At the All-Star Break, it’s clear that this San Antonio Spurs team is special. LaMarcus Aldridge is fitting in nicely, and he has been especially dominant since unplugging from social media after that ugly game in Oakland. Kawhi Leonard has truly come into his own as an offensive weapon and a leader. Outside of general fatigue and Manu Ginobili getting kneed in the ‘Ginobilis’ so hard it required surgery, these guys have stayed healthy. The bench has been one of the league’s best, and rookies Jonathan Simmons and Boban Marjanovic have impressed in limited playing time. San Antonio dominates and demoralizes opponents and usually puts the game out of reach before the 4th quarter starts. The Spurs remain undefeated at home, and their league leading defense has them on pace to win 70 (!) games. It’s almost impossible to see room for improvement with a team this great. Almost.
The 2016 Spurs are off to the best start in franchise history, and they still haven’t played their best basketball. It seems like a lid is on the bucket to start both halves in most of their games, even the blowouts. Maybe it’s chemistry, maybe the starters just take some time to get into a rhythm, but whatever it is, it usually sorts itself out over the course of the game. The slow starts aren’t a big deal against average teams, but not even the Spurs can afford to fall behind early and wage an uphill battle against Golden State. The Cleveland Cavaliers are probably the only other team that can hold a lead over San Antonio, but those will very likely be the last two hurdles in the Spurs’ quest for a championship run.
It’s strange to say about a 45-8 team, but the Spurs really haven’t proven anything yet this season. It’s tough to say which was their best win, either the 99-95 victory against the Cavs, or the 119-101 win at Miami. It obviously isn’t their fault, but the Spurs haven’t had a particularly difficult schedule. They’ve played the Nuggets, Suns, and Lakers three times each, and their opponents to this point have a combined winning percentage of 47%. That number will jump to 56% after the break. San Antonio should beat most teams in this league, and they have won the games they were expected to win in convincing fashion. However, they also lost games that they were given a chance of losing in OKC, Chicago, Golden State, and Cleveland. Those last two were without Tim Duncan, but the contests weren’t even close. Crushing sub-par opponents in the friendly confines is fine and dandy, but you need to beat good teams on the road to win an NBA championship. The Spurs definitely have the ability to do this, they just haven’t done it yet this season.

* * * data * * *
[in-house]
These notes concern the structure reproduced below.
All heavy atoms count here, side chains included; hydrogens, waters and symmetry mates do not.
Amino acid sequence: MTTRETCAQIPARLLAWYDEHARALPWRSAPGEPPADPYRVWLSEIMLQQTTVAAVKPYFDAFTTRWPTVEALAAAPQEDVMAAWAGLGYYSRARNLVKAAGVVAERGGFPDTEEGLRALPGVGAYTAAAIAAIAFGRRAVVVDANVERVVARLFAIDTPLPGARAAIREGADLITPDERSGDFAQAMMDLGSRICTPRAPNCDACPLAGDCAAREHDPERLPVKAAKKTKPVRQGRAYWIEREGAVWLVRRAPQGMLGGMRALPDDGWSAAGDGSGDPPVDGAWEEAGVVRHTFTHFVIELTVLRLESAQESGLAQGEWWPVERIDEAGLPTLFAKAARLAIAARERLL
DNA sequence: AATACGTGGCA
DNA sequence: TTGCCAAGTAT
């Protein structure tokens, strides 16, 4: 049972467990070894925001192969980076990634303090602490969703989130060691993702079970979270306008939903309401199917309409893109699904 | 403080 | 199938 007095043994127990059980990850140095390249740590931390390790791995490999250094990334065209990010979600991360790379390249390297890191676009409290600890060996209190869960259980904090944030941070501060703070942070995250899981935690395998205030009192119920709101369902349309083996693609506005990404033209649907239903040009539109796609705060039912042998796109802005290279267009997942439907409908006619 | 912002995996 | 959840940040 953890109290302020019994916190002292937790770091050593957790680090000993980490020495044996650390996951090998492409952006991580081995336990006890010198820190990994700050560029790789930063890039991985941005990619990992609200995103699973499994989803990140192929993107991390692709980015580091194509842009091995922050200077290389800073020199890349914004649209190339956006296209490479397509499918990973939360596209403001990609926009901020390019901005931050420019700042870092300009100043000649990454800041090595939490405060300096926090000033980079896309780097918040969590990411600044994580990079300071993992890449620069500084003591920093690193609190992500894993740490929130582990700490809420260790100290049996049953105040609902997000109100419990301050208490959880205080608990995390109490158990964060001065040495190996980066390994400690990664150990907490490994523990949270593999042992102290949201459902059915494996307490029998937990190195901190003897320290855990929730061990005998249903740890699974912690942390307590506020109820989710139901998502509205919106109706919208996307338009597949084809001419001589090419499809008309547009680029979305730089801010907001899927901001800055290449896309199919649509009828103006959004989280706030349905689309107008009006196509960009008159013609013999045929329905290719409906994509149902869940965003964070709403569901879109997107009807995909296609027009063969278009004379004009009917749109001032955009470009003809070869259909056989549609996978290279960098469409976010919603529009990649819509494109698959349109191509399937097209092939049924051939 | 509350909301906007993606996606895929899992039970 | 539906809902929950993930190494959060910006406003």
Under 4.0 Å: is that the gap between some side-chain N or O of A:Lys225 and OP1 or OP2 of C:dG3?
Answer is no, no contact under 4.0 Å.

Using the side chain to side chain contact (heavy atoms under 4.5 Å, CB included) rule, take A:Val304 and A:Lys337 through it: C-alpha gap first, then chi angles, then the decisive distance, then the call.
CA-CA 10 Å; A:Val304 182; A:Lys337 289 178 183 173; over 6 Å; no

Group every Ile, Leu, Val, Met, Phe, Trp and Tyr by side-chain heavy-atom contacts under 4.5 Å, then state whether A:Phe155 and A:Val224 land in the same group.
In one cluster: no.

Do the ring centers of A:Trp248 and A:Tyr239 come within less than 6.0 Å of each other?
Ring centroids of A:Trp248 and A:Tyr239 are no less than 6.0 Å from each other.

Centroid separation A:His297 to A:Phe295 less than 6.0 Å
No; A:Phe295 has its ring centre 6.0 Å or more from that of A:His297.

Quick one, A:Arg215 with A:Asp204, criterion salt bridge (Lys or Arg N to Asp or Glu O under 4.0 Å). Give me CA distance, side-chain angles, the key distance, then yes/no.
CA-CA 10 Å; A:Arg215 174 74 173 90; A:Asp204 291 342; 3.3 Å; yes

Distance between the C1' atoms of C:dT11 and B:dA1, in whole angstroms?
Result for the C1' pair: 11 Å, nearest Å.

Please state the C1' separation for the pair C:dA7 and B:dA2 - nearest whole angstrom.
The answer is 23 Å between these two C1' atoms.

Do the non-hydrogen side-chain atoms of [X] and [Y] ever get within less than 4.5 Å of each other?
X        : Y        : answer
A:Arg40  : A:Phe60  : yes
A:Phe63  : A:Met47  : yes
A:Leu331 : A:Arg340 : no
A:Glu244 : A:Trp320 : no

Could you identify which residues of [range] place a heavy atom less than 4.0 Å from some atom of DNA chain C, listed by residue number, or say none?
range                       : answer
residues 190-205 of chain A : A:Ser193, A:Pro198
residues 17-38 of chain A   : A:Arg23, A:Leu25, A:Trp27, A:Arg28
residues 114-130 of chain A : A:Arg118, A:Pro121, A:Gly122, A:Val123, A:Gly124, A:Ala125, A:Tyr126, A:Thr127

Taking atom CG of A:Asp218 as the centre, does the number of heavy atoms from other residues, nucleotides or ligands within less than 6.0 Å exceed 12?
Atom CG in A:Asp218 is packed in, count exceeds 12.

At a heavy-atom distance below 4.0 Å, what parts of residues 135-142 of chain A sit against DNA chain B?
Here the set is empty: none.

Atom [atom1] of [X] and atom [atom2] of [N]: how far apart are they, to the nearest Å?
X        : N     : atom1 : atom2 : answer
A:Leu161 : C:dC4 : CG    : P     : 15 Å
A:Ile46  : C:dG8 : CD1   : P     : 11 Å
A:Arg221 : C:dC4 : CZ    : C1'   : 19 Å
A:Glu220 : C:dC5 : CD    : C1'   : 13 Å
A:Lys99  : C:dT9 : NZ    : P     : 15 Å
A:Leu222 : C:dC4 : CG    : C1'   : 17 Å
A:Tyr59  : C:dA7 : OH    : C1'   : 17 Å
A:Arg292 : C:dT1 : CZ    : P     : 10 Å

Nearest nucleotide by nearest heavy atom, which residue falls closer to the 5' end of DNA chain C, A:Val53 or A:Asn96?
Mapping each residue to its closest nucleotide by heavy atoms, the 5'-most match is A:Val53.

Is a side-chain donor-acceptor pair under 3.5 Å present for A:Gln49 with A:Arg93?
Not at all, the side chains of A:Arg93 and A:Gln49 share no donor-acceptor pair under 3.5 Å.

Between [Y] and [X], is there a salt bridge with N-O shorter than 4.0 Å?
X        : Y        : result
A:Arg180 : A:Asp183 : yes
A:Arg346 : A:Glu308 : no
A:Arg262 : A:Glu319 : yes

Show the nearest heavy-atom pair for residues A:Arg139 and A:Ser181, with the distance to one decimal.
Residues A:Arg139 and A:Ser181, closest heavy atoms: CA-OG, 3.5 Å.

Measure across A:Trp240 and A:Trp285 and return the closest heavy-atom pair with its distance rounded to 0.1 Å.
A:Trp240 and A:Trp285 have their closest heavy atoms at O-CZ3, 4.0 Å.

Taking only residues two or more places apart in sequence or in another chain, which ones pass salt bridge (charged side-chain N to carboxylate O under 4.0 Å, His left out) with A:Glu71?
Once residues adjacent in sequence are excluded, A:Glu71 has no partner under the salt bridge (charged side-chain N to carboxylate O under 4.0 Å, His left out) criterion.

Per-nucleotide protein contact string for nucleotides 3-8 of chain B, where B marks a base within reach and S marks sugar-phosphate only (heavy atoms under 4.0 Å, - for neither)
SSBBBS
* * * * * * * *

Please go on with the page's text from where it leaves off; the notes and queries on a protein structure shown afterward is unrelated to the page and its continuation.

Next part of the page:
The annual rodeo road trip should get the Spurs more comfortable with playing in hostile environments. The toughest game of the whole trip is Thursday night in Los Angeles, where the Clippers almost always seem to put up a good fight, even without Blake Griffin (pun definitely intended). If Pop’s squad can win that game, they have a great chance to complete an undefeated month of February. Something wacky might happen on the second night of a back-to-back against the Kobe Farewell Show, but as long as the Spurs take care of business, the Rockets are the only team that can stop them from returning to the AT&T Center without having lost a game. Again, they aren’t facing the stiffest competition, but 9 games on the road can potentially galvanize this team as they head toward the home stretch of the season.
San Antonio has dropped road games to good teams, and the efficiency numbers give us some clues as to why. First, let’s look at the defensive end. The Spurs’ defense has been a calling card all season, but hasn’t really shown up in losses. Their defensive rating of 95.2 is the best in the NBA by a wide margin, but opponents that beat them are scoring an average of 106.9 points per 100 possessions. In wins, the Spurs have limited opponents to 30.5% from behind the arc. In losses, they allow just about the same number of attempts, but at a 38.3% clip. They hold opponents to an average FG% of 43.1%, and that number jumps five percentage points in losses. Those losses in Cleveland and Golden State were full of wide open layups and dunks, and Duncan’s presence was definitely missed. He may be an old man, but his communication and rim protection is vitally important on the defensive end.
A similar pattern exists on the offensive end of the floor. The Spurs’ field goal percentage of 49.1% just edges out the Warriors for best in the league, but they shoot a pedestrian 44.1% from the floor in losses. Again, number of attempts remains constant for 3 pointers (~18.5/game) and field goals (~83.2/game), but efficiency drops dramatically. There is an even bigger drop off in 3 point shooting, from a second ranked 39.3% all the way down to 31.7%, which would be second worst. For comparison, Golden State makes a straight-up disrespectful 42.4% of their 30.5 three point attempts per game. The good news for San Antonio is that thanks to the resurgence of Danny Green, their 3PT% has improved each month; from 35.9% in November to 43.7% in February. The Spurs are getting to their spots and shooting their shots, they just haven’t been falling in big games.
Sure this is focused on the San Antonio’s “weaknesses,” but I’m picking nits here. The Spurs have managed to get off to the best start in their storied franchise history in a period of significant transition. Leonard and Aldridge will continue to grow more comfortable in the system that has dramatically changed to suit their abilities. Green will (hopefully) stick to his New Year’s resolution to hit more threes. Believe it or not, this San Antonio super-team can still get better, and they will, provided they can stay healthy.